Friendly French couple’s stylish eatery aims to provide a place for fresh food and chilled sundowners
Neither French photographer Cochise Ory, nor his partner Borany Mam – an unpaid restorationist at the National Museum – have a hospitality background, but with smart design, good food and a friendly atmosphere, their first attempt at an eatery/bar is a welcome addition to the burgeoning drinking and dining strip in Tonle Bassac’s Street 308.
Bistrot Bassac – sandwiched between two other newly opened bars in the now-bustling laneway – is a narrow, stylishly renovated shophouse with a spare aesthetic and largely French expat clientele. The walls have been painted in clean white and dark grey panels, and are hung with a series of photographs by Jean-Luc Moreau Deleris titled “Koi Fish”, and the floor is laid with an art deco-style tile pattern. Downstairs is a casual dining area lit by bare incandescent bulbs, while upstairs is an open-air terrace purpose-built for quiet sundowners.
Ory, who was named after a 19th-century chief from the native-American Chiricahua Apache tribe (“I think my parent’s maybe smoked too much weed,” he quips), said he and Mam, 30, had been looking for an opportunity to open a business, and when they saw the space for rent in December last year, immediately put down a deposit. Bistrot Bassac is only one of more than a dozen new expat-oriented bars and restaurants that have opened in what was a quiet residential area only 18 months ago.
“This street is beginning to be the place to be in Phnom Penh,” he said. “It’s crazy right now. Every week we have people come in and ask us if there are any other buildings available to rent.”
The renovation – assisted by Mam’s French-Cambodian father who specialises in such work – took only a month and a half. They were going for a “’50s industrial” look and almost everything was custom made, said Ory. He was particularly proud of the wooden and cast iron stools and plans to prepare a catalogue to sell them and other bespoke items.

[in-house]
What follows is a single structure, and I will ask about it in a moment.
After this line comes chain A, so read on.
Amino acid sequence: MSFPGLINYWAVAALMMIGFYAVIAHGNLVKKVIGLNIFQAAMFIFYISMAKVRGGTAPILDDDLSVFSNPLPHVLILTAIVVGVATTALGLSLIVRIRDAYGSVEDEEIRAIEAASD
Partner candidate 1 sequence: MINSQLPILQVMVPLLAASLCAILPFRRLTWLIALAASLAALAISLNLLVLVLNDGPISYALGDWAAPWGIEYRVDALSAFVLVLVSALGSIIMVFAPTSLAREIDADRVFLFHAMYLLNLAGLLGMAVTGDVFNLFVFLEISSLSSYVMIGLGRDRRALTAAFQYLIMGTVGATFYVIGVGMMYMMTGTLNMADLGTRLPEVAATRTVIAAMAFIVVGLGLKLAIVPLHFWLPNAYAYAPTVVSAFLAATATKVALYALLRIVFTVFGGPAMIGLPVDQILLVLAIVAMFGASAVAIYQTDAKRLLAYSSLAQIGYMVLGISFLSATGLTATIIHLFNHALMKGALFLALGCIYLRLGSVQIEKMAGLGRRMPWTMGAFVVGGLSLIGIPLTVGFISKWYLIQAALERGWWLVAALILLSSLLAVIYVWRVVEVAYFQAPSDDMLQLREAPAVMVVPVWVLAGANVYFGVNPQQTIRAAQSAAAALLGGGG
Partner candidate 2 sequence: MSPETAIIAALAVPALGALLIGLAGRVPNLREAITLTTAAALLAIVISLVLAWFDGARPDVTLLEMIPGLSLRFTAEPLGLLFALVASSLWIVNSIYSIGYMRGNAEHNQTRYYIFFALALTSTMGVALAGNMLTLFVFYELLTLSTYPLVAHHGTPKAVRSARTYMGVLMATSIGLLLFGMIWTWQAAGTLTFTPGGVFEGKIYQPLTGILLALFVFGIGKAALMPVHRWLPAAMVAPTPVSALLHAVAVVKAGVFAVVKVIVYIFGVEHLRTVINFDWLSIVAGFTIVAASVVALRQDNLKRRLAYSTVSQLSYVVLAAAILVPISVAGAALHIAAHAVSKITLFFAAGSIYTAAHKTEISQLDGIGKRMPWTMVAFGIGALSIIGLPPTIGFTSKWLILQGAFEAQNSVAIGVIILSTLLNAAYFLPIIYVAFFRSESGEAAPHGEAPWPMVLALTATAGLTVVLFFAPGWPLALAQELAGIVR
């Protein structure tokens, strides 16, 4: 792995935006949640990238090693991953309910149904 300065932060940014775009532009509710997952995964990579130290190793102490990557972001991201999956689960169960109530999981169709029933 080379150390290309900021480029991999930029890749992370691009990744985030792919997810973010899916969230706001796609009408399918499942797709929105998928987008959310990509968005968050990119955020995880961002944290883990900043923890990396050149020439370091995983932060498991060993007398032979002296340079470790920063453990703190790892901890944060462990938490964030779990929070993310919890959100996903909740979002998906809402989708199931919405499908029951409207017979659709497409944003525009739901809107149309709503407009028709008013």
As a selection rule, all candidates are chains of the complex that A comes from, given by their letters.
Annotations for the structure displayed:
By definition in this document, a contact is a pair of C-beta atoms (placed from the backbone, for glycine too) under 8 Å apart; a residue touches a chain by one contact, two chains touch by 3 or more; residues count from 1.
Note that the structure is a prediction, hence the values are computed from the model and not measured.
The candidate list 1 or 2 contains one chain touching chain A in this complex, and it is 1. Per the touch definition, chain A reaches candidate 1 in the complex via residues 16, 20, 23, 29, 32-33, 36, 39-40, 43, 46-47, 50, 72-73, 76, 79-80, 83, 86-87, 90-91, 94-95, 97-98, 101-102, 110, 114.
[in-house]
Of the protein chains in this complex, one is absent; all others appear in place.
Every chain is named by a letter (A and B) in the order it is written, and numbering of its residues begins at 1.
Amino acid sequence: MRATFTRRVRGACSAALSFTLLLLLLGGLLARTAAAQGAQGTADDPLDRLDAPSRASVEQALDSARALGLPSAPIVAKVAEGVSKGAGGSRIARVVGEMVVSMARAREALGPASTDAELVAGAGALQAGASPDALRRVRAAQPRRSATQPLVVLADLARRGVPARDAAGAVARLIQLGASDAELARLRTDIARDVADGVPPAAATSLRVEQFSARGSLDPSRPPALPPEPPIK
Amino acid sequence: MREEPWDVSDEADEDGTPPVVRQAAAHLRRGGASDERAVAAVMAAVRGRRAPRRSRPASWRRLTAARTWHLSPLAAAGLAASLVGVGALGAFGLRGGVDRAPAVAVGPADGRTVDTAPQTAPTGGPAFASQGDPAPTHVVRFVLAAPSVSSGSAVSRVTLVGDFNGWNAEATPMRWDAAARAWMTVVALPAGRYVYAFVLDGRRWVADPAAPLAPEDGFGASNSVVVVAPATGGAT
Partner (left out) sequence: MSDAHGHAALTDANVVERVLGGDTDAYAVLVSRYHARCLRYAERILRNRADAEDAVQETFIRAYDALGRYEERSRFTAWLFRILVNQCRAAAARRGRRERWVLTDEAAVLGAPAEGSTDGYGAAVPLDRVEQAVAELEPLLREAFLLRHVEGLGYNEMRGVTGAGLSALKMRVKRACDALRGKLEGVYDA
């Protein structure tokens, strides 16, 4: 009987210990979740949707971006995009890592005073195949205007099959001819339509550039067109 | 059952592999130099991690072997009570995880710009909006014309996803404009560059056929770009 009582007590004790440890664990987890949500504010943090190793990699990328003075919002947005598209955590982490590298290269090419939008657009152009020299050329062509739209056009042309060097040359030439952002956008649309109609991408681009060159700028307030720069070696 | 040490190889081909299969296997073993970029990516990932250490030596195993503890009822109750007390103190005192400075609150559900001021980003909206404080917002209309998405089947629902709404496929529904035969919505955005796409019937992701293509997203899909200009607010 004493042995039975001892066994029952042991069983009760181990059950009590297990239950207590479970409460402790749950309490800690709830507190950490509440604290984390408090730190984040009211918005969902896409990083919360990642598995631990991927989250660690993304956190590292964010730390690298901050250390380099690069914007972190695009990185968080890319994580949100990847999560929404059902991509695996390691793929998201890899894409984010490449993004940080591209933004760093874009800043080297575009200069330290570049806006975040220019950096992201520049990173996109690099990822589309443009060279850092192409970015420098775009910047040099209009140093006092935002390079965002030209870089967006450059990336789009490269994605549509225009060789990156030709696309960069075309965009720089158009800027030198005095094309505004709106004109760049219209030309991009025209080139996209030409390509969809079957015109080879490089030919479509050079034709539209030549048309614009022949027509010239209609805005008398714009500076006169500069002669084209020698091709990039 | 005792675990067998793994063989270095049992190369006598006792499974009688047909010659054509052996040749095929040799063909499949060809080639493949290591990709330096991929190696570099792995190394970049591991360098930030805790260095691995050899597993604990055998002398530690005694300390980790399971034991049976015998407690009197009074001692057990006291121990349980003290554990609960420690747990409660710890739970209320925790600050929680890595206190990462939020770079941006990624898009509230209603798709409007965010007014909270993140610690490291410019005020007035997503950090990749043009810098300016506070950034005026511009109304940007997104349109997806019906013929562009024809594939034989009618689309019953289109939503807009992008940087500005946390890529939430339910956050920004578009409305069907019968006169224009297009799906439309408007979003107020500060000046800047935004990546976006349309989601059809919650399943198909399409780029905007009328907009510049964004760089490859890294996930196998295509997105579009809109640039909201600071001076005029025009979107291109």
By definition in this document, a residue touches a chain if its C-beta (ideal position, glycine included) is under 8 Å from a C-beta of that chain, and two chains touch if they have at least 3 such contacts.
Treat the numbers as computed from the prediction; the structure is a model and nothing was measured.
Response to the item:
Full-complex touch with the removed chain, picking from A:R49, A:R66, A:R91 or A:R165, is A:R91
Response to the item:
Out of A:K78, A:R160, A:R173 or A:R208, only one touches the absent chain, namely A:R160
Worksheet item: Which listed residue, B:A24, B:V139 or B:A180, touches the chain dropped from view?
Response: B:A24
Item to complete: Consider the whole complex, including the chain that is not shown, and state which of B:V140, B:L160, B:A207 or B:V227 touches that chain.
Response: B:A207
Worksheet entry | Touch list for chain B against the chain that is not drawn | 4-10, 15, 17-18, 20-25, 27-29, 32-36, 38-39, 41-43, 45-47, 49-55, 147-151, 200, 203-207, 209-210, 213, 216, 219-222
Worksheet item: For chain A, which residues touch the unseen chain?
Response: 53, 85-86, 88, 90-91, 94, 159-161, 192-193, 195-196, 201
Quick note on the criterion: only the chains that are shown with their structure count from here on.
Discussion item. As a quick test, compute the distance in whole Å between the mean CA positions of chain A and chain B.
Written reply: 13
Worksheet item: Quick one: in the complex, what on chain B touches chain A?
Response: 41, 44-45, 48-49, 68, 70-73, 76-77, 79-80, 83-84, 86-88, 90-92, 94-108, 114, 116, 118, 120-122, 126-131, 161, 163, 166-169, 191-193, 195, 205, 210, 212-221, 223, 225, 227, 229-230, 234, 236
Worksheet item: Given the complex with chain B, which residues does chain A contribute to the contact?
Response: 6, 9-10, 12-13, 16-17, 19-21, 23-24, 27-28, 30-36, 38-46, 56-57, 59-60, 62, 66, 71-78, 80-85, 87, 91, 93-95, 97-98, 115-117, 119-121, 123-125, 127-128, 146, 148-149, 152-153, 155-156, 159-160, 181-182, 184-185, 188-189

“The place is supposed to be an art gallery as well as a restaurant,” he added. “Every two months, we will have a new exhibition.”
The short chalkboard menu is split between Western fare – such as ceviche, beef carpaccio, burgers – and local dishes including eggplant puree and pork and chicken and ginger. Prices range from $2.50 for a small bowl of refreshing cucumber and mint soup to $8.50 for beef tartare and French fries. Delicious-sounding cocktails like the Mademoiselle Say (vodka, watermelon, passionfruit, lime, mint, cane sugar) cost $4 to $5 each. Beers start at $2.
While he had never worked in a restaurant before, Ory said he was passionate about food and cooking. It was important to him that all the ingredients were fresh. Nothing frozen. Everything was bought in the morning and used during the day.
“I make my food like I would for guests in my own home,” he said. “My plate is maybe not so beautiful, but I try to create something that is unpretentious and tastes good.”
He especially recommends the beef tartare: an Asian-influenced variation on the French classic which tosses in coriander, spring and red onions, soy sauce, mint, homemade mayonnaise and a dash of Tabasco. While it doesn’t look particularly appetising, the raw mince beef patty has a soft texture and the fresh herbs make it a healthy, tasty, protein-rich meal.
The homemade fries, as well, taste a lot better than they look.
Ory said he wanted the place to be welcoming and unpretentious, and have a close relationship with the customers. Already, regular customers were coming in two or three times every week. In fact, the place has been almost uncomfortably busy.
“We were not prepared for this so soon – we thought it would be calm and relaxing – but we are happy that people like the place,” Ory said.
Bistrot Bassac is located at #38 Street 308. Tel: 070 902 021.